All children aged one to nine in Brent will be offered a polio booster vaccine after the virus was found in 116 sewage samples across London.

Vaccine-derived poliovirus has been detected in sewage in Barnet, Brent, Camden, Enfield, Hackney, Haringey, Islington and Waltham Forest.

There have been no confirmed cases yet but the decision has been made that a targeted inactivated polio vaccine (IPV) booster dose should be offered to all children aged one to nine.

In June people were urged to keep their vaccines up to date after polio was detected in sewers across north and east London.

Nationally the overall risk of paralytic polio is considered low because most people are protected from this by vaccination.

Across London, childhood vaccination uptake is lower than the rest of the country.

Following initial findings at Beckton sewage treatment works earlier this year, 116 type 2 poliovirus (PV2) isolates were identified in 19 sewage London samples collected between February 8 and July 5.

Most are vaccine-like virus and only a few have sufficient mutations to be classified as vaccine derived poliovirus (VDPV2). VDPV2 is of greater concern as it behaves more like naturally occurring "wild" polio and may, on rare occasions, lead to cases of paralysis in unvaccinated individuals.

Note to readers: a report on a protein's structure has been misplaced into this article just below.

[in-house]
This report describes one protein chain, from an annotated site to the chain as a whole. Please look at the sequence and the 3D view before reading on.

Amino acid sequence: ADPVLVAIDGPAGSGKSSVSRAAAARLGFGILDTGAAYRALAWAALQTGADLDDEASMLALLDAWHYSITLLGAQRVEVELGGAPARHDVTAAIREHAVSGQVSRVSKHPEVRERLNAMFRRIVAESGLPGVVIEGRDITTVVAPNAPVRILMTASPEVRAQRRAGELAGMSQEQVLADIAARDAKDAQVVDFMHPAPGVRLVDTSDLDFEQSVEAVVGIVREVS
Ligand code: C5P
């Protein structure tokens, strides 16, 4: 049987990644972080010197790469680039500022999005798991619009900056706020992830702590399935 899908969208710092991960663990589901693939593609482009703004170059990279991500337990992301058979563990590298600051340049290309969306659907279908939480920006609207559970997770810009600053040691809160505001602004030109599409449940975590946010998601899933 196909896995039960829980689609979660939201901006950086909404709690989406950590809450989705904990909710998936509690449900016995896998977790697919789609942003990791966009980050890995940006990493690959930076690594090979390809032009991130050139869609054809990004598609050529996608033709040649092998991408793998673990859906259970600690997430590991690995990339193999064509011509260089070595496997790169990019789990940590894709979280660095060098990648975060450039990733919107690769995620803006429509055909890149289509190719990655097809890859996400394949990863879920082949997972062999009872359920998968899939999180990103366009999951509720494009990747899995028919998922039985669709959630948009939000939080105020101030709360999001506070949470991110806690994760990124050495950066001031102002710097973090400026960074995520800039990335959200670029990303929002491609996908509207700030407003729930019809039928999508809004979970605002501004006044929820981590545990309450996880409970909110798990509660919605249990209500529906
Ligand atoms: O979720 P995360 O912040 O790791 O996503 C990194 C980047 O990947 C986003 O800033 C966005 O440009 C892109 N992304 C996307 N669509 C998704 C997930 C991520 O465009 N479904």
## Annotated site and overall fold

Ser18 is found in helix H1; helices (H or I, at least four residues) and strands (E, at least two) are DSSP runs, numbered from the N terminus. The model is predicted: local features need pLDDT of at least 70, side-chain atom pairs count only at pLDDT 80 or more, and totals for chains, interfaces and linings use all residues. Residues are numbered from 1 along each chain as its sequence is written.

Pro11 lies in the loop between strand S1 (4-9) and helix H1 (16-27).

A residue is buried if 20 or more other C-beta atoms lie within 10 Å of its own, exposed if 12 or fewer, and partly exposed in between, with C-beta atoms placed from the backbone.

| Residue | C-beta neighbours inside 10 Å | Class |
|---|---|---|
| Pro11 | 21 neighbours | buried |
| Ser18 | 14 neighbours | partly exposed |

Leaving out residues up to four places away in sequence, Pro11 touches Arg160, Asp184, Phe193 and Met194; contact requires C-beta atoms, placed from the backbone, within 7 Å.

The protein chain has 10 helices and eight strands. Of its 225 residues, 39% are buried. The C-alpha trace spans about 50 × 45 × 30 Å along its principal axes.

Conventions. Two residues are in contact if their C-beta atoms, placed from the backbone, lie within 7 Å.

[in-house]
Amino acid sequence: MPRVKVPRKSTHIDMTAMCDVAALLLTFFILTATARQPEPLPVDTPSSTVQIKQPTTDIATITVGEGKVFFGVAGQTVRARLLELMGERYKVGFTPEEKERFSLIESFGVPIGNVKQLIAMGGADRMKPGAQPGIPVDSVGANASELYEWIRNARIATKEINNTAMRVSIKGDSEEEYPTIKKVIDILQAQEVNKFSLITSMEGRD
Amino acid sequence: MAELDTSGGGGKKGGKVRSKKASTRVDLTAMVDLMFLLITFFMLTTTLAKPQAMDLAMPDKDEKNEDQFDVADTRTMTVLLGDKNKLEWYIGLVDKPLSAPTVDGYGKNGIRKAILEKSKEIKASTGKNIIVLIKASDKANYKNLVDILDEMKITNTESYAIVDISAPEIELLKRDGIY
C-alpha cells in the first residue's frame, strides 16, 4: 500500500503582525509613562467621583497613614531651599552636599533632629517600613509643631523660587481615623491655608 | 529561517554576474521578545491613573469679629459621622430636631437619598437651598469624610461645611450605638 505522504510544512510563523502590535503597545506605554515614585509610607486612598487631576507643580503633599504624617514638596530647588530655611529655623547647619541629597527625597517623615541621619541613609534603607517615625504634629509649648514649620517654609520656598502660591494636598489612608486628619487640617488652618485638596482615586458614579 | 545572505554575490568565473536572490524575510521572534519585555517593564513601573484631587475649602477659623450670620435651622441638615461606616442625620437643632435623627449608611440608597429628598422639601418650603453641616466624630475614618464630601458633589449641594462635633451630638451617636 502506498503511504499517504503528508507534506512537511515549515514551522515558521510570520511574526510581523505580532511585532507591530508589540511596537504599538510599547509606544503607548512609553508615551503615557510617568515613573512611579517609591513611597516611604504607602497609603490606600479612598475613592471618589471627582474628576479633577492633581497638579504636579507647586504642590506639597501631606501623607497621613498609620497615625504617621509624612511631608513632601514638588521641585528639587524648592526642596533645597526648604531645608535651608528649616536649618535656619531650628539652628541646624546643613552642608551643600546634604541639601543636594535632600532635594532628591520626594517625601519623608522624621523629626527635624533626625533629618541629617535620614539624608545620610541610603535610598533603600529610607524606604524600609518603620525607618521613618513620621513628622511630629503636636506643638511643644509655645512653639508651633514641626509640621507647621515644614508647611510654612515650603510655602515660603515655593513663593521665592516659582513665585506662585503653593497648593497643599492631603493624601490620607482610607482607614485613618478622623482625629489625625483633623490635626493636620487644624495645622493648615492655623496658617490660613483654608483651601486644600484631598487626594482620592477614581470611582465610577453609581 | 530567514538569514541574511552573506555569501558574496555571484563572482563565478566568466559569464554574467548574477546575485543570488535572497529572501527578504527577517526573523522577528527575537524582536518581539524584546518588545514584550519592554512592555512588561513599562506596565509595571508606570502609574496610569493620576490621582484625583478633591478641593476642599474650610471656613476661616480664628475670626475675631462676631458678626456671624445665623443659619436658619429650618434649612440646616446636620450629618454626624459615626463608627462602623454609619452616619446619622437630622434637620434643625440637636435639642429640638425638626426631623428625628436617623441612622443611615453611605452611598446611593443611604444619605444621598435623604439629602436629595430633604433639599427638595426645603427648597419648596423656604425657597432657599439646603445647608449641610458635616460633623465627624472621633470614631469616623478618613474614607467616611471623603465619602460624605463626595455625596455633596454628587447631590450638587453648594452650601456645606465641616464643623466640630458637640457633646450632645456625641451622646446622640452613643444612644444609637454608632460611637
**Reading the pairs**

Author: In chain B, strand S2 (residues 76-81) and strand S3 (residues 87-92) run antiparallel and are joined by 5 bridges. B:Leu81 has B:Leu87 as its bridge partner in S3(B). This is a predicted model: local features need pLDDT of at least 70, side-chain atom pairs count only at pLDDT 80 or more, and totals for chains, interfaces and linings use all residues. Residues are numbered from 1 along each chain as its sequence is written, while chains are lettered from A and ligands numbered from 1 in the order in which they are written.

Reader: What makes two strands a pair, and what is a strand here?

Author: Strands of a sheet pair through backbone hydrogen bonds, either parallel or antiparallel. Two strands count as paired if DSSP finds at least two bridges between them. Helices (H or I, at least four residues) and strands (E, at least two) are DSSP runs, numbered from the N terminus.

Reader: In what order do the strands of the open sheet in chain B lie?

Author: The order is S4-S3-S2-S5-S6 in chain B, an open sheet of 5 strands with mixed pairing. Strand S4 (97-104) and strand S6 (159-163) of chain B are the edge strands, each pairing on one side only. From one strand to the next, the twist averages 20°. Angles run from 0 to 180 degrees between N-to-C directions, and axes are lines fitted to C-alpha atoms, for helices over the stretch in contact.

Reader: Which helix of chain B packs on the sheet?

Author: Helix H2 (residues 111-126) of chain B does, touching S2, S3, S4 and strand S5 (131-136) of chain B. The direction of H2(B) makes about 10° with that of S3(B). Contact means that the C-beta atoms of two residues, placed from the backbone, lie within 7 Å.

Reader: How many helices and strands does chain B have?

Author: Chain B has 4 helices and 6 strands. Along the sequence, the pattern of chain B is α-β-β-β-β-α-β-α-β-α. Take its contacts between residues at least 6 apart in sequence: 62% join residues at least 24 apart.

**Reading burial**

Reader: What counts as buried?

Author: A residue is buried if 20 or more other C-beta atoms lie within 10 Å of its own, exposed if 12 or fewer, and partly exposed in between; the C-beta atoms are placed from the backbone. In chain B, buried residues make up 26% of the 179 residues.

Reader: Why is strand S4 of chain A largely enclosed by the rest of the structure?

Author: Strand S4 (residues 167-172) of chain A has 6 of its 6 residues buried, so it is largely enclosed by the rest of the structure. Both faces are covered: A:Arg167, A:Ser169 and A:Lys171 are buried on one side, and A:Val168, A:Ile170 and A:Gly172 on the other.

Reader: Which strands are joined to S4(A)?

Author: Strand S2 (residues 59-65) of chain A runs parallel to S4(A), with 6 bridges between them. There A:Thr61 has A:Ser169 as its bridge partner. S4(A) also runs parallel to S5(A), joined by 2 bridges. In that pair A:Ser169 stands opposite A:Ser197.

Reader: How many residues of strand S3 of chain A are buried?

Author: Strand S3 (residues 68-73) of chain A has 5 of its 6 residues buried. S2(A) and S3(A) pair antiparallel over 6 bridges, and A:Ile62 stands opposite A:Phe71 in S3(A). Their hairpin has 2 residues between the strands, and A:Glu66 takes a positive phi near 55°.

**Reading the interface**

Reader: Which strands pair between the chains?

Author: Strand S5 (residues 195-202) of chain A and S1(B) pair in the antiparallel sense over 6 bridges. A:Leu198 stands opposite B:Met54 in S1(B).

Dr Vanessa Saliba, consultant epidemiologist at UK Health Security Agency, said: "No cases of polio have been reported and for the majority of the population, who are fully vaccinated, the risk is low.

"But we know the areas in London where the poliovirus is being transmitted have some of the lowest vaccination rates. This is why the virus is spreading in these communities and puts those residents not fully vaccinated at greater risk.

"Polio is a serious infection that can cause paralysis but nationally the overall risk is considered low because most people are protected by vaccination. The last case of polio in the UK was in 1984, but decades ago before we introduced the polio vaccination programme around 8,000 people would develop paralysis every year.

"It is vital parents ensure their children are fully vaccinated for their age.

"Following JCVI advice all children aged one to nine years in London need to have a dose of polio vaccine now – whether it’s an extra booster dose or just to catch up with their routine vaccinations. It will ensure a high level of protection from paralysis. This may also help stop the virus spreading further."

Cllr Ketan Sheth, chair of NW London Joint Health Scrutiny Committee, said: "The news that the polio virus has been found in sewage is very worrying.

"I am pleased that the NHS has acted quickly and is offering children aged one to nine an urgent booster vaccination.

"Parents and carers will be contacted by their GP shortly and it is very important that they attend the appointment and protect their child from serious illness."

The NHS will be contacting parents of eligible children aged one to nine.